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Adam Dodek is a founding member of the University of Ottawa's Public Law Group and the author of The Canadian Constitution (Dundurn 2013).

One of my favourite short stories is Herman Melville's Bartleby the Scrivener. Bartleby works for a lawyer as a "scrivener", a human Xerox in an age before photocopiers. He spends his days copying out legal documents until one day when asked to perform a task, he simply says "I prefer not to." And Bartleby refuses to do any more work.

Prime Minister Stephen Harper has pulled a Bartleby in announcing a moratorium on appointing Senators to the Red Chamber.

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Constitutionally, Mr. Harper does not have this power to refuse to appoint senators. Our Constitution vests a lot of formal power in the Governor-General: the power to appoint senators; the power to dissolve or prorogue Parliament; the power to appoint members of cabinet; the power to add members to the Senate; name and remove a Speaker; and provide Royal Assent to bills.

In each of these cases (save with possible exceptions of prorogation and dissolution in extreme situations), the Governor-General acts only on the advice of the Prime Minister.

What happens when the Prime Minister refuses to provide such advice? In extreme cases, there is no question that the Governor-General would be forced to exercise such power without advice. For instance, the Constitution provides that no House of Commons shall last longer than five years (except in cases of real or apprehended war, invasion or insurrection). There is no question that if a Prime Minister refused to advise the Governor-General to dissolve Parliament before that deadline, the Governor-General would have not only the power but also the duty to do so.

In announcing a moratorium on further Senate appointments, the Prime Minister is committing an act of constitutional disobedience. His justifications simply do not pass muster. The asserted cost savings of $6-million annually does not compare well with the bevy of spending on government advertising and other government initiatives. The other assertion is that the moratorium will force the provinces over time to come to an agreement regarding reform or abolition. Considering that the Prime Minister has never met with the premiers to discuss Senate reform, let alone made any concerted effort to find common ground with the provinces, this justification is similarly baseless.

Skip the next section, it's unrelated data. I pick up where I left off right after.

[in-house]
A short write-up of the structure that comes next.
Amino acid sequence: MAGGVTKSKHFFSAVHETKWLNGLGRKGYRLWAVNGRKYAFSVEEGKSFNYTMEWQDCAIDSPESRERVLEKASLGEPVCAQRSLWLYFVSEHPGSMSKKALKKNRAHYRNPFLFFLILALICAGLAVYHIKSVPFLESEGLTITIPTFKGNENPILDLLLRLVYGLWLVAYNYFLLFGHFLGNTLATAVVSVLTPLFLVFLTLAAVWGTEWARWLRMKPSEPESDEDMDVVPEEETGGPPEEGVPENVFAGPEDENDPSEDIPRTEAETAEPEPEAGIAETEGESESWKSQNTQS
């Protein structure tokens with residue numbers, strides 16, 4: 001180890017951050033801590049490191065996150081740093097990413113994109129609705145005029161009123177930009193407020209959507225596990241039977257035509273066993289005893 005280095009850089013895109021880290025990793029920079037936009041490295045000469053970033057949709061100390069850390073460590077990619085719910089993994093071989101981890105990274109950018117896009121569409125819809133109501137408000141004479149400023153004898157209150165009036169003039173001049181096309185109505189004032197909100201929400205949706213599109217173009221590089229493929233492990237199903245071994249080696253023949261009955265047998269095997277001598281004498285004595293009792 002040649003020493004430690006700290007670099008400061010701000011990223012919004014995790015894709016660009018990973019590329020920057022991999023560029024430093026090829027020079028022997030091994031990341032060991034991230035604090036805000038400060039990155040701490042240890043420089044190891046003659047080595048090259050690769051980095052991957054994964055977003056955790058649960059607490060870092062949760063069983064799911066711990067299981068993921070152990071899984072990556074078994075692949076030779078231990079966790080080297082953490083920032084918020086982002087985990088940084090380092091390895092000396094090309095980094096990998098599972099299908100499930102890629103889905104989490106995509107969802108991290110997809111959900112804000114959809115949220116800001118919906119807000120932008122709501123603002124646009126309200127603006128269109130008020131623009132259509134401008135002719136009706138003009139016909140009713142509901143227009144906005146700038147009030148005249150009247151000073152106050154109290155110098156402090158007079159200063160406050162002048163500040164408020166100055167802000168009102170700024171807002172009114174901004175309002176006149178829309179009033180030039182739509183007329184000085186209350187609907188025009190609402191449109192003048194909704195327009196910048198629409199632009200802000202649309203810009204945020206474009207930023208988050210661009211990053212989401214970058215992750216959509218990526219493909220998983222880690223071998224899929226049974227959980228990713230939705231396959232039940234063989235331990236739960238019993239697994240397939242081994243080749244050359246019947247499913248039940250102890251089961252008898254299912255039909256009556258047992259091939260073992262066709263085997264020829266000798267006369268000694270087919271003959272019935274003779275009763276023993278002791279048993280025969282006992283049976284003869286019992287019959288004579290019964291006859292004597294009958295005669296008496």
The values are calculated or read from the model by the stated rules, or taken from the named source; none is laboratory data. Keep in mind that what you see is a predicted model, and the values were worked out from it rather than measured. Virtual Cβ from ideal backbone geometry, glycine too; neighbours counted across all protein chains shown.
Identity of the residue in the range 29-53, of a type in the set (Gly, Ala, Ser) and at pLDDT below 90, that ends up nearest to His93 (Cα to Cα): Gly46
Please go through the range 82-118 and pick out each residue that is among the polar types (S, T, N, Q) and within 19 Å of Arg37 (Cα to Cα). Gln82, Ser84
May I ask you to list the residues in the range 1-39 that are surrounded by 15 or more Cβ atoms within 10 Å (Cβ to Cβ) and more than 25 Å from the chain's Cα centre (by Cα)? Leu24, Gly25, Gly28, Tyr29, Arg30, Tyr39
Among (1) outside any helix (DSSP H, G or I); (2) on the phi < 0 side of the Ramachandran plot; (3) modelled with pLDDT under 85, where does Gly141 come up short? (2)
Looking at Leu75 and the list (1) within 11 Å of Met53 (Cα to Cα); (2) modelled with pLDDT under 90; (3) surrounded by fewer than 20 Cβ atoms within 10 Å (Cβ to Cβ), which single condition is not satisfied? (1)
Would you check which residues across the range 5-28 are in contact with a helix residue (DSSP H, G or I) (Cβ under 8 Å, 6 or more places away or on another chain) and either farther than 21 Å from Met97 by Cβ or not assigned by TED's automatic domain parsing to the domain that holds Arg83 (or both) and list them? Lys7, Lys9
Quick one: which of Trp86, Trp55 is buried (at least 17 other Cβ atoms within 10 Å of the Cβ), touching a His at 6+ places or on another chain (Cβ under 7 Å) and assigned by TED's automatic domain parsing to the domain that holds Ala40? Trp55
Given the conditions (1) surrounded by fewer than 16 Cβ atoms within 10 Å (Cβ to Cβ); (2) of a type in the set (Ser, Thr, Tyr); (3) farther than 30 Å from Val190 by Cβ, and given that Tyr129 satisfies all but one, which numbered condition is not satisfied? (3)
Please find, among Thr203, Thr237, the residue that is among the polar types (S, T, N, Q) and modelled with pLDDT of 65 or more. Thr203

It is not as if the Prime Minister is stymied by the Senate: the Prime Minister controls appointments; the Prime Minister controls Senate proceedings by virtue of his party having a majority in the Upper Chamber; and as the Senate expenses scandal has shown, the PMO involves itself in the minutiae of Senate operations.

Mr. Harper's announcement of a moratorium is another example of this Prime Minister's penchant for federal unilateralism – the desire to act alone without consultation or co-operation with other relevant constitutional actors, in this case the provinces. Federal unilateralism is both the theme and the explanation for the Senate reform.

The problem is that our Constitution requires co-operative federalism – the federal government and the provinces working together – on a host of issues.

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Many of the "rules" of our Constitution are unwritten. Some are so obvious that they had never been discussed before: the Prime Minister cannot simply let the Senate wither away and die. The Prime Minister seems intent on challenging this and other constitutional rules by his acts of overt constitutional disobedience. In so doing, he is not only making it much harder for government lawyers to defend his policies in court, but he is playing a game of constitutional chicken.

Our Constitution is based on the notion that the prime minister advises the Governor-General. But it also makes the Governor-General a sort of constitutional 9-1-1 in cases of emergency. The more the Prime Minister shirks his constitutional duties, the more he provides a basis for the Governor General to exercise independent powers that are normally held in reserve.

In the end, Bartebly simply "prefers not to" eat and eventually dies. This is the fate that awaits the Senate if the Prime Minister continues his acts of constitutional disobedience. It is a dangerous game of constitutional chicken that is best avoided.

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